Generally fallen arches are a condition inherited from one or both parents. In addition, age, obesity, and pregnancy cause our arches to collapse. Being in a job that requires long hours of standing and/or walking (e.g. teaching, retail, hospitality, building etc) contributes to this condition, especially when standing on hard surfaces like concrete floors. Last, but not least unsupportive footwear makes our feet roll in more than they should.

Symptoms

Overpronation can lead to injuries and pain in the foot, ankle, knee, or hip. Overpronation puts extra stress on all the bones in the feet. The repeated stress on the knees, shins, thighs, and pelvis puts additional stress on the muscles, tendons, and ligaments of the lower leg. This can put the knee, hip, and back out of alignment, and it can become very painful.

Diagnosis

Your healthcare provider will ask about your symptoms, medical history, and activities and examine your feet. Your provider may watch you walk or run. Check the motion of your feet when they strike the ground. Look at your athletic shoes to see if they show an abnormal pattern of wear.Foot Pronation

Non Surgical Treatment

Over-Pronation can be treated conservatively (non-surgical treatments) with over-the-counter orthotics. These orthotics should be designed with appropriate arch support and medial rearfoot posting to prevent the over-pronation. Footwear should also be examined to ensure there is a proper fit. Footwear with a firm heel counter is often recommended for extra support and stability. Improper fitting footwear can lead to additional problems of the foot. If the problem persists, call your doctor to schedule an appointment.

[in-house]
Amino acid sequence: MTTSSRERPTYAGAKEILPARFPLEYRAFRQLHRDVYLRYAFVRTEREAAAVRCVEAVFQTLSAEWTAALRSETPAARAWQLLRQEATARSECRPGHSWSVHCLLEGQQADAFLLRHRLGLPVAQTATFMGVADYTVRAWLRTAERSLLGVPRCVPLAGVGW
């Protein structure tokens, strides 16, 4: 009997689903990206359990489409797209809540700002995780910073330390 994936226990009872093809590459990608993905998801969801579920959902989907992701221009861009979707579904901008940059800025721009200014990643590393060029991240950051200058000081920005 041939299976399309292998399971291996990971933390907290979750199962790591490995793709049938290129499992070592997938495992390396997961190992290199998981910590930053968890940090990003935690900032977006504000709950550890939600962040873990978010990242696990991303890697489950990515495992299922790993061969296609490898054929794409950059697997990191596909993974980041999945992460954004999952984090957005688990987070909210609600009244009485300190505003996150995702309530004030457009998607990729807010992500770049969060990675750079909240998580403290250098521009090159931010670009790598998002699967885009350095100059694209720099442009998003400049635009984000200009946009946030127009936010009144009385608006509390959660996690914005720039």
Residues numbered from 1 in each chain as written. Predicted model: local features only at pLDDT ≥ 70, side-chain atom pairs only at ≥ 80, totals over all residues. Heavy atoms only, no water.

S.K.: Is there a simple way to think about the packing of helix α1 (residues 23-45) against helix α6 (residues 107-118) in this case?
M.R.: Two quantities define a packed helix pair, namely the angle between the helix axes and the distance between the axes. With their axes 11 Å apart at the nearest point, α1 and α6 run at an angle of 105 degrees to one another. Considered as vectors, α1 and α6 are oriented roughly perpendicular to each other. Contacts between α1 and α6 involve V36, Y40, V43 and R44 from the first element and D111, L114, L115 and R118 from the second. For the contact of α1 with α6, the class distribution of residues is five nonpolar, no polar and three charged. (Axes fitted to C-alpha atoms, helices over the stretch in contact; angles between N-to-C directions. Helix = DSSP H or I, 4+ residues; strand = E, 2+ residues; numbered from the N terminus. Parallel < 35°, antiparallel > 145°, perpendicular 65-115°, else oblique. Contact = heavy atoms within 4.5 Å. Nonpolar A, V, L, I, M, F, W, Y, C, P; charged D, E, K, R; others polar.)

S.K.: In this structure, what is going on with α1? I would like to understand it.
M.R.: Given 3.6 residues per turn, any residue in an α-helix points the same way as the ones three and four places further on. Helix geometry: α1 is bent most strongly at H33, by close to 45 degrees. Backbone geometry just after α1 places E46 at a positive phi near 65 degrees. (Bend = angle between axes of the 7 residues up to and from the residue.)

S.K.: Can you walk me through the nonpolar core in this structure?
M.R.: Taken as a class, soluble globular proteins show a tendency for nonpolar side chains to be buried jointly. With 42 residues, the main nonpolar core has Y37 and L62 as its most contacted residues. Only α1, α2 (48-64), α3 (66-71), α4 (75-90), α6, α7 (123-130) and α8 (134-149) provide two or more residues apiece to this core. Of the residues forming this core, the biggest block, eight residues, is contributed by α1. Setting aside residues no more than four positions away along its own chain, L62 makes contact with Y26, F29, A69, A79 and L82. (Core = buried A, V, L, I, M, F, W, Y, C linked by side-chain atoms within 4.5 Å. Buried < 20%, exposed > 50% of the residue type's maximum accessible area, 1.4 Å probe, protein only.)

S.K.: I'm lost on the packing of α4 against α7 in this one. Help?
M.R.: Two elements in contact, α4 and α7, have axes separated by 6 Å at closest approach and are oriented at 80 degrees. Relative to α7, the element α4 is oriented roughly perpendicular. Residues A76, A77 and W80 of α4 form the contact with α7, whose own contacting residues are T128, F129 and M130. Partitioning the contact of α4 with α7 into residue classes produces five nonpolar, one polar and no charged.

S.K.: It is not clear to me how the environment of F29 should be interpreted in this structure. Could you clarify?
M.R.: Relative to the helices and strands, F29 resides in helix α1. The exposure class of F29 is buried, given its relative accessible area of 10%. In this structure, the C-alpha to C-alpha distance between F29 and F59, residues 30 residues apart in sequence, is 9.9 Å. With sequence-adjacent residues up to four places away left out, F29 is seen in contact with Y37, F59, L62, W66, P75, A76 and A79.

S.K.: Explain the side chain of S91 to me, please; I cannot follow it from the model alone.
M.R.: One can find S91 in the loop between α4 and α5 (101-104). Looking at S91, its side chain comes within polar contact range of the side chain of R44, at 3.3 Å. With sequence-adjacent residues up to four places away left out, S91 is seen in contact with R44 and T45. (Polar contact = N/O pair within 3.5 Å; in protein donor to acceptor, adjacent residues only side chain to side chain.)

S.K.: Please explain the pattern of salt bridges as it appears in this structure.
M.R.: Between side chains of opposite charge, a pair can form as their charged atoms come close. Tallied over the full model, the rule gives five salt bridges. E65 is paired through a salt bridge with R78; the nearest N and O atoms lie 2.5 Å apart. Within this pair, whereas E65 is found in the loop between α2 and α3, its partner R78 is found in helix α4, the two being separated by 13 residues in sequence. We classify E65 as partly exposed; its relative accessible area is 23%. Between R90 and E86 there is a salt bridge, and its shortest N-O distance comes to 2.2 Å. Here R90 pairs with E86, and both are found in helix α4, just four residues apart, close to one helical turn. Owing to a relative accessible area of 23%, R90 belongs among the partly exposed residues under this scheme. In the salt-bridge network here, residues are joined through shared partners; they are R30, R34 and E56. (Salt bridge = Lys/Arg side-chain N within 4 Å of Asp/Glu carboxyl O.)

Surgical Treatment

HyProCure implant. A stent is placed into a naturally occurring space between the ankle bone and the heel bone/midfoot bone. The stent realigns the surfaces of the bones, allowing normal joint function. Generally tolerated in both pediatric and adult patients, with or without adjunct soft tissue procedures. Reported removal rates, published in scientific journals vary from 1%-6%.

What Are The Primary Causes Of Calcaneal Apophysitis?

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Overview

Pain in the heel of a child’s foot, typically brought on by some form of injury or trauma, is sometimes Sever’s Disease. The disease often mimics Achilles tendonitis, an inflammation of the tendon attached to the back of the heel. A tight Achilles tendon may contribute to Sever’s Disease by pulling excessively on the growth plate of the heel bone. This condition is most common in younger children and is frequently seen in the active soccer, football or baseball player. Sport shoes with cleats are also known to aggravate the condition. Treatment includes calf muscle stretching exercises, heel cushions in the shoes, and/or anti-inflammatory medications. Consult your physician before taking any medications.